Gemstone Guide Series: Topaz

As a continuation of our Gemstone Guide Series, this month, we are talking about topaz. This beautiful gemstone comes in a number of different colors in both warm and cool tones. Since it was first discovered in Portugal in 1768, topaz has been celebrated for its beauty. At Noe’s Jewelry, we have many customers interested in this unique gemstone. Here’s everything you need to know about it.

What Is Topaz?

Topaz is a rare silicate mineral that generally forms in fractures and cavities of igneous rocks like pegmatite and rhyolite. This mineral can also be found as water-worn pebbles in stream sediments.

This unique gemstone can be found in a variety of different colors including, yellow, brown, orange, red, pink, purple-red, blue, light green, and colorless. As an allochromatic gem, the color of each individual topaz stone is caused by impurity elements or defects in the crystal structure rather than an element of the stones’ basic chemical composition. For example, brown, yellow, and blue topaz stones are caused by imperfections at the atomic level of the gem’s crystal structure. Pink, red, and purple topaz are caused by the element chromium. Additionally, topaz is pleochroic, which means that the stones can show different colors in different crystal directions.

Topaz crystals are generally elongated. They also have grooves parallel to the length of the crystals. Due to the natural shape of these gems, they are often cut into long oval or pear shapes.

Topaz is actually used for two different birthstones. Precious topaz is the orange-colored birthstone representing November, while blue topaz is the birthstone for December.

Types of Topaz

Most “types” of topaz are just referred to by their color (e.g., blue topaz or pink topaz). However, there are types that are given special names.

  • Imperial topaz: Medium reddish-orange to orange-red in color; it is one of the most expensive types of topaz.
  • Sherry topaz: Yellowish-brown or brownish-yellow to orange color; its name is derived from sherry wine, which is a similar color.
  • Azotic topaz: Orange-pink topaz with a rainbow color effect; this color is caused by a film deposition of a very thin metallic layer placed over the top of the gemstone.
  • London blue topaz: Deep sky-blue topaz that is darker than Swiss blue topaz.
  • Swiss blue topaz: A sky-blue colored topaz that is lighter than London blue topaz.
  • Mystic topaz: Multicolored topaz with a rainbow-like effect; the color is also caused by a thin metallic layer being placed over the stone.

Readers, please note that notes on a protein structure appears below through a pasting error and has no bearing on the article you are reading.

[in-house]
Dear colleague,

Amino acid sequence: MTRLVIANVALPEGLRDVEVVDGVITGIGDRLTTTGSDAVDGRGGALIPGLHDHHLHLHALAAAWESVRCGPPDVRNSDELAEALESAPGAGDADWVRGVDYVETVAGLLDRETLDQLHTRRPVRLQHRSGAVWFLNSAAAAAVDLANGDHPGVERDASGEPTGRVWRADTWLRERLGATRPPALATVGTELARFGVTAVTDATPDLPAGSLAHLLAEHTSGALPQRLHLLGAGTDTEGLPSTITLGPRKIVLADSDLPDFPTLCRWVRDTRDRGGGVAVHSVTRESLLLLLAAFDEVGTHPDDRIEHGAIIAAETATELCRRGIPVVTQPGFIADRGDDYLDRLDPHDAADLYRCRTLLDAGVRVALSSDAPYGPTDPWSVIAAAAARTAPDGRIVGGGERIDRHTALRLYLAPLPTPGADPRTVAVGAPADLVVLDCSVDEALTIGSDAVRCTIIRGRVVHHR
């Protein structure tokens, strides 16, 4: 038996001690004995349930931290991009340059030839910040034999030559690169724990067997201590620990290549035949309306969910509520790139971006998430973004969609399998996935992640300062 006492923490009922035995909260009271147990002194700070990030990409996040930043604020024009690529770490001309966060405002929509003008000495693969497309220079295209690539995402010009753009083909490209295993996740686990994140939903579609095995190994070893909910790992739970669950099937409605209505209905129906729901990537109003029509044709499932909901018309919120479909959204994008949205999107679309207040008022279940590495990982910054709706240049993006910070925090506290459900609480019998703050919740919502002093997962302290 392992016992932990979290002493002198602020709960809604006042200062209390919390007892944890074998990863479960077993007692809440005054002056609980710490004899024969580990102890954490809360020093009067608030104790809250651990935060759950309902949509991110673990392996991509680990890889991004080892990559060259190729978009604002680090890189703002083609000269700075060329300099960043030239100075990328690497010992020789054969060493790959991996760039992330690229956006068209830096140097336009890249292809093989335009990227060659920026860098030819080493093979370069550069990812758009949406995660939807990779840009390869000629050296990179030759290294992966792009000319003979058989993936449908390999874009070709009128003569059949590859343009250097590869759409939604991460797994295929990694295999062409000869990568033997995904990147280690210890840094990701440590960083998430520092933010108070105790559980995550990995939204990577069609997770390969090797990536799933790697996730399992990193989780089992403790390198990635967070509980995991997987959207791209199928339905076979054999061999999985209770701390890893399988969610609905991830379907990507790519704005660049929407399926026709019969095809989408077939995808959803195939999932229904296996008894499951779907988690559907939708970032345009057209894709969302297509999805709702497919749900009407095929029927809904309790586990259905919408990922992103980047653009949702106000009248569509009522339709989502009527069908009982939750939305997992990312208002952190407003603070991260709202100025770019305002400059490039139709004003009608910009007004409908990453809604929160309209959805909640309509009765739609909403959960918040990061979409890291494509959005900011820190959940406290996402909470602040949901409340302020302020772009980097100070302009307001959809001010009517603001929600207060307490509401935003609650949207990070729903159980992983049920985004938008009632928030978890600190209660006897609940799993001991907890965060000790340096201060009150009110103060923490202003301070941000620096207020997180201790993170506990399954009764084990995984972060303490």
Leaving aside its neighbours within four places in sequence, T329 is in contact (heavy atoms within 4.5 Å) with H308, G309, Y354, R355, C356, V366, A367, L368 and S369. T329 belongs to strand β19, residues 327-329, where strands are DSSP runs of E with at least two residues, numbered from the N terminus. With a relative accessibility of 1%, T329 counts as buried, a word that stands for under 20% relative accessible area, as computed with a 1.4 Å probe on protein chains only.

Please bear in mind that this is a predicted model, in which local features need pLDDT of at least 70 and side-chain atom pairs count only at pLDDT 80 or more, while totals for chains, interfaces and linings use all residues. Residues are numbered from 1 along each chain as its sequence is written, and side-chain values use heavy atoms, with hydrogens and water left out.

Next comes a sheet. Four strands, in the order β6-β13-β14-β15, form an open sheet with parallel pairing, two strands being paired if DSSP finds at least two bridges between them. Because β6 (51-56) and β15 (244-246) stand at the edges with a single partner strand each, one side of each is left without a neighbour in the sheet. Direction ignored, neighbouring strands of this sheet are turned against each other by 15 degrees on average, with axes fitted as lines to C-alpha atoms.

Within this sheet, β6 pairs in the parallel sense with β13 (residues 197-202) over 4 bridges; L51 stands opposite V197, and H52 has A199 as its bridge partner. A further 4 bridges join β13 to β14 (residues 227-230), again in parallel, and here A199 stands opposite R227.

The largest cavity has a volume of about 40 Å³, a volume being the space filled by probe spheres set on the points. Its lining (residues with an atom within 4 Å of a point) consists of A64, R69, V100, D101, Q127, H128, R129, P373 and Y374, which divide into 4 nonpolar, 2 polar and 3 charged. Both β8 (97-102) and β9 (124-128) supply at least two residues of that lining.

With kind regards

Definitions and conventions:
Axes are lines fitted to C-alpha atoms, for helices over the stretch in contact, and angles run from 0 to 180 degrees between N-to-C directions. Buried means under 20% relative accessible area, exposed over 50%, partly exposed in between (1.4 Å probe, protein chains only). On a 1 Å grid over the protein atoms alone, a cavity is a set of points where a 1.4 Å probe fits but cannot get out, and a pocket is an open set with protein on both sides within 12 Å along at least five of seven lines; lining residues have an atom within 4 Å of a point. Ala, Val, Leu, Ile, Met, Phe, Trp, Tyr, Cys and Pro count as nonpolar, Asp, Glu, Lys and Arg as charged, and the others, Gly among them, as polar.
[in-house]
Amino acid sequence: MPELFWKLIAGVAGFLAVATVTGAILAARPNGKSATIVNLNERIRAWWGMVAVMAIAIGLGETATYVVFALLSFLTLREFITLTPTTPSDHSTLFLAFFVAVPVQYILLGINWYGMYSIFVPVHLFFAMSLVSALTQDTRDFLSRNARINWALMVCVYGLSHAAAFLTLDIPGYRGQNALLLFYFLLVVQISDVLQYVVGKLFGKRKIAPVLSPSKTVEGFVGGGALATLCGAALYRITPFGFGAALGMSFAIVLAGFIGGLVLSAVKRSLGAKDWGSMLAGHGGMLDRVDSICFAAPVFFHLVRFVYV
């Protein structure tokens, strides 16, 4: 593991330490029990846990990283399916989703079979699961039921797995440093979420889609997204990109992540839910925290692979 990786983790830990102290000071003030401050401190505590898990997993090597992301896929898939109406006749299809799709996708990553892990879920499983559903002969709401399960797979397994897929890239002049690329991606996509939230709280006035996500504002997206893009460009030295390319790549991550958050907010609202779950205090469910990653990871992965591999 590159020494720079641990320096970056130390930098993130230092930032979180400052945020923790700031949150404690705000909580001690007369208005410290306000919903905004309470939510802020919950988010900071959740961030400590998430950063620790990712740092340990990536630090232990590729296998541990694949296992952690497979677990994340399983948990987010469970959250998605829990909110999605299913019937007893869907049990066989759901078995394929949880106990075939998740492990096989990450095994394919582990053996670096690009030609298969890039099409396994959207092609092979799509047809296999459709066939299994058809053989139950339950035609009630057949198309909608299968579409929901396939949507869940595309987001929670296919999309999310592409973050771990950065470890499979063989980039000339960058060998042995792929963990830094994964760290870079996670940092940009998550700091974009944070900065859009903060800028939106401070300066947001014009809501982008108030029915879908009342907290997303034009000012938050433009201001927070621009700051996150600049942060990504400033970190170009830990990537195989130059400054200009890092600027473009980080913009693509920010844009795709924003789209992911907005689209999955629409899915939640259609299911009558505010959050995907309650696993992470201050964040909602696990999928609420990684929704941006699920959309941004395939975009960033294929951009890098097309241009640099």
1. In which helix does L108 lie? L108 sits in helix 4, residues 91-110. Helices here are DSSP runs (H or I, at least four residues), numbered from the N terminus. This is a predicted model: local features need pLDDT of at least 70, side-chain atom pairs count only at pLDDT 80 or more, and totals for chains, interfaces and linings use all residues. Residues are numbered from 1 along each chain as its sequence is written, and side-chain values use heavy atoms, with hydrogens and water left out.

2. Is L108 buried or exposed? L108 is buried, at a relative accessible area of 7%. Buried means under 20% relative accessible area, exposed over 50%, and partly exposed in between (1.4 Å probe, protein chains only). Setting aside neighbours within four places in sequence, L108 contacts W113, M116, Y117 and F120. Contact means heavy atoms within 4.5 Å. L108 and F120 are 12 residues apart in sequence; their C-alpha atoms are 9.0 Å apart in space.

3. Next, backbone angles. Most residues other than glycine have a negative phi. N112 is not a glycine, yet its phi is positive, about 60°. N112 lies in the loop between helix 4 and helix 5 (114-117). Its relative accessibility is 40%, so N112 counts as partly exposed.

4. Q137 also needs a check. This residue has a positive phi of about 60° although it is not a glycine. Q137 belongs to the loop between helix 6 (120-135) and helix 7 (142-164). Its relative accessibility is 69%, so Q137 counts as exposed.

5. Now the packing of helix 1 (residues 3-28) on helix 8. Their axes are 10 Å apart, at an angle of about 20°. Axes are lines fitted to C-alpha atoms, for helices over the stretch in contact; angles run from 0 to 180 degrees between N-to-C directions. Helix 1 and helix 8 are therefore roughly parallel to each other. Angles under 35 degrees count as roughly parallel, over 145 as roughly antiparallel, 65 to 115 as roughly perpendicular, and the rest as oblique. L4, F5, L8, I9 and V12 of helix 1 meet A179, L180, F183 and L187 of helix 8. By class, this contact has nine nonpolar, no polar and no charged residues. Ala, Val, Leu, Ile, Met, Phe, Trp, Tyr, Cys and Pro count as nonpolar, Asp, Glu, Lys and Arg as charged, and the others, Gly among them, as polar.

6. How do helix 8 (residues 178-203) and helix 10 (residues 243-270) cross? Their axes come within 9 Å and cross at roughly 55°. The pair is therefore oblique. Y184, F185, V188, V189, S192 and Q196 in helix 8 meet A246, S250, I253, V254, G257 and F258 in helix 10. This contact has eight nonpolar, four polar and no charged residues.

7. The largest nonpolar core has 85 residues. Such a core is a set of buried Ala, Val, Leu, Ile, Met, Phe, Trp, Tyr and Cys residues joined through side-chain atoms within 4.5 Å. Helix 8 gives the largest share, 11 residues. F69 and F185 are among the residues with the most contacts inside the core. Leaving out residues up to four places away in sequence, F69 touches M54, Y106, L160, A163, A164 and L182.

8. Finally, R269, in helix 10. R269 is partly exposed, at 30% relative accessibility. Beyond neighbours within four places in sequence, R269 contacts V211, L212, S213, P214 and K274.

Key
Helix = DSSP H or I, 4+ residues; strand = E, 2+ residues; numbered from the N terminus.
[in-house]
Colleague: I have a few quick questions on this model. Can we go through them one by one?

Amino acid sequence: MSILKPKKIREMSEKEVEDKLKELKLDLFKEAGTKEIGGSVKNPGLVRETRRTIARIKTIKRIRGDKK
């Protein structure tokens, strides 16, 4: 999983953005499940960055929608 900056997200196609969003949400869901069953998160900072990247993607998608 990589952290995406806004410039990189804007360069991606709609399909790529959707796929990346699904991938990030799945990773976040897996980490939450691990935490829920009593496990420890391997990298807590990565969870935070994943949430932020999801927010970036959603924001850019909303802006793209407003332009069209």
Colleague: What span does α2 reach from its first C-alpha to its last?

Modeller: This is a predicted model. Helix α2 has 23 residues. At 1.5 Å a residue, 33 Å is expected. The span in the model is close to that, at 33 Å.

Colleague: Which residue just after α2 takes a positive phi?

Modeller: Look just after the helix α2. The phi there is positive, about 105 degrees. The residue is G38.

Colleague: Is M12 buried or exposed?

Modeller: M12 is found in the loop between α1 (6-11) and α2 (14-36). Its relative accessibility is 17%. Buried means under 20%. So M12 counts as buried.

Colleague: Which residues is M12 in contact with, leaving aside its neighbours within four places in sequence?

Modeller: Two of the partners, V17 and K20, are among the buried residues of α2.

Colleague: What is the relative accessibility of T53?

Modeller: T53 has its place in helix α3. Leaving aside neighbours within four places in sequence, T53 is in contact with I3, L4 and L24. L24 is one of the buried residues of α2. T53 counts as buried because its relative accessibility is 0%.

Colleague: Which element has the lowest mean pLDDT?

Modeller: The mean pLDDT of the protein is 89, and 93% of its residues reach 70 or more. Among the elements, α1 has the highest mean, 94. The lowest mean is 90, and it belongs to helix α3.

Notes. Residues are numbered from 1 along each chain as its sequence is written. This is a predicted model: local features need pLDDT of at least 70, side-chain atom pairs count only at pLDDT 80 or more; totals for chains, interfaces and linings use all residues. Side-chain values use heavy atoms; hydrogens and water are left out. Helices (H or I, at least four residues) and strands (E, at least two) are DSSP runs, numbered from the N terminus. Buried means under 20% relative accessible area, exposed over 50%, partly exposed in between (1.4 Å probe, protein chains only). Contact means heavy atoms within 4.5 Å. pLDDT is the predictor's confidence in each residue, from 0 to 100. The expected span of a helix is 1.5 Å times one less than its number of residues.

• Rutilated topaz: Topaz containing yellow needle-like inclusions of Limonite.
  • Silver topaz: colorless topaz, also called white topaz.
There are also synthetic topaz options on the market that are man-made in a lab.

Where is Topaz Found?

The largest Topaz producing country in the world in Brazil. However, topaz can also be found in Pakistan, Afghanistan, India, China, Sri Lanka, Russia, Japan, Australia, Madagascar, Mexico, and the United States. In the United States, topaz has been mined in Utah, California, and New Hampshire. topaz

4 C’s for Topaz

Just like with diamonds, there are guidelines in place for grading the quality of topaz gems. The 4 C’s are the same for grading these gems.


The color of topaz varies greatly. However, the most valuable topaz colors are orange-red to red. This is because less than one-half of one percent of all topaz gemstones are red. For this reason, imperial topaz is highly sought after.

Pink topaz, often called rose topaz, looks similar to a pink diamond or sapphire. Since it is less expensive than a pink diamond and often available in larger sizes than both pink diamonds and sapphires, it can be advantageous to use pink topaz in jewelry.

Naturally blue topaz is rare, but most topaz is actually colorless. Treatments can create the strong blue hues we are used to. For this reason, there are a lot of blue topaz gemstones, so stones in this color range tend to be less valuable.

Some topaz specimens are bicolored. These unique gems are used in fashion jewelry pieces.


Topaz used in jewelry will usually have no visible inclusions. This is especially true for topaz that is colorless, blue, and yellow. In some cases, less pure stones will be used in jewelry.


Since topaz crystals are generally long and slender, they can be cut in shapes that yield the most value. These shapes would be oval or pear shapes, but they can also come in round and other shapes. Emerald cuts are common in topaz that is strongly colored because this cut maximizes the color and retains a higher carat weight.

Carat Weight

Due to the large size of many topaz crystals, gemstones can often be quite large, but usually, one crystal is cut into more than one gemstone. There is a wide range of topaz sizes available, and smaller gems are relatively inexpensive. Once gems exceed 10mm by 8 mm, prices start to increase.

Caring for Topaz

You want to keep your topaz gemstones looking their very best. This means that you need to care for topaz properly. While topaz rates an eight on the Mohs hardness scale, it requires gentle cleaning. You should avoid steam or ultrasound cleanings. Instead, opt for warm, soapy water when you clean your topaz jewelry.

You will also want to avoid sudden temperature changes with your topaz.

To see a wide variety of topaz jewelry, stop into Noe’s Jewelry in Raymore, Missouri. Our expert jewelers can help you find the perfect topaz piece to add to your jewelry collection.

Check out the other stones in our Gemstone Series Guides: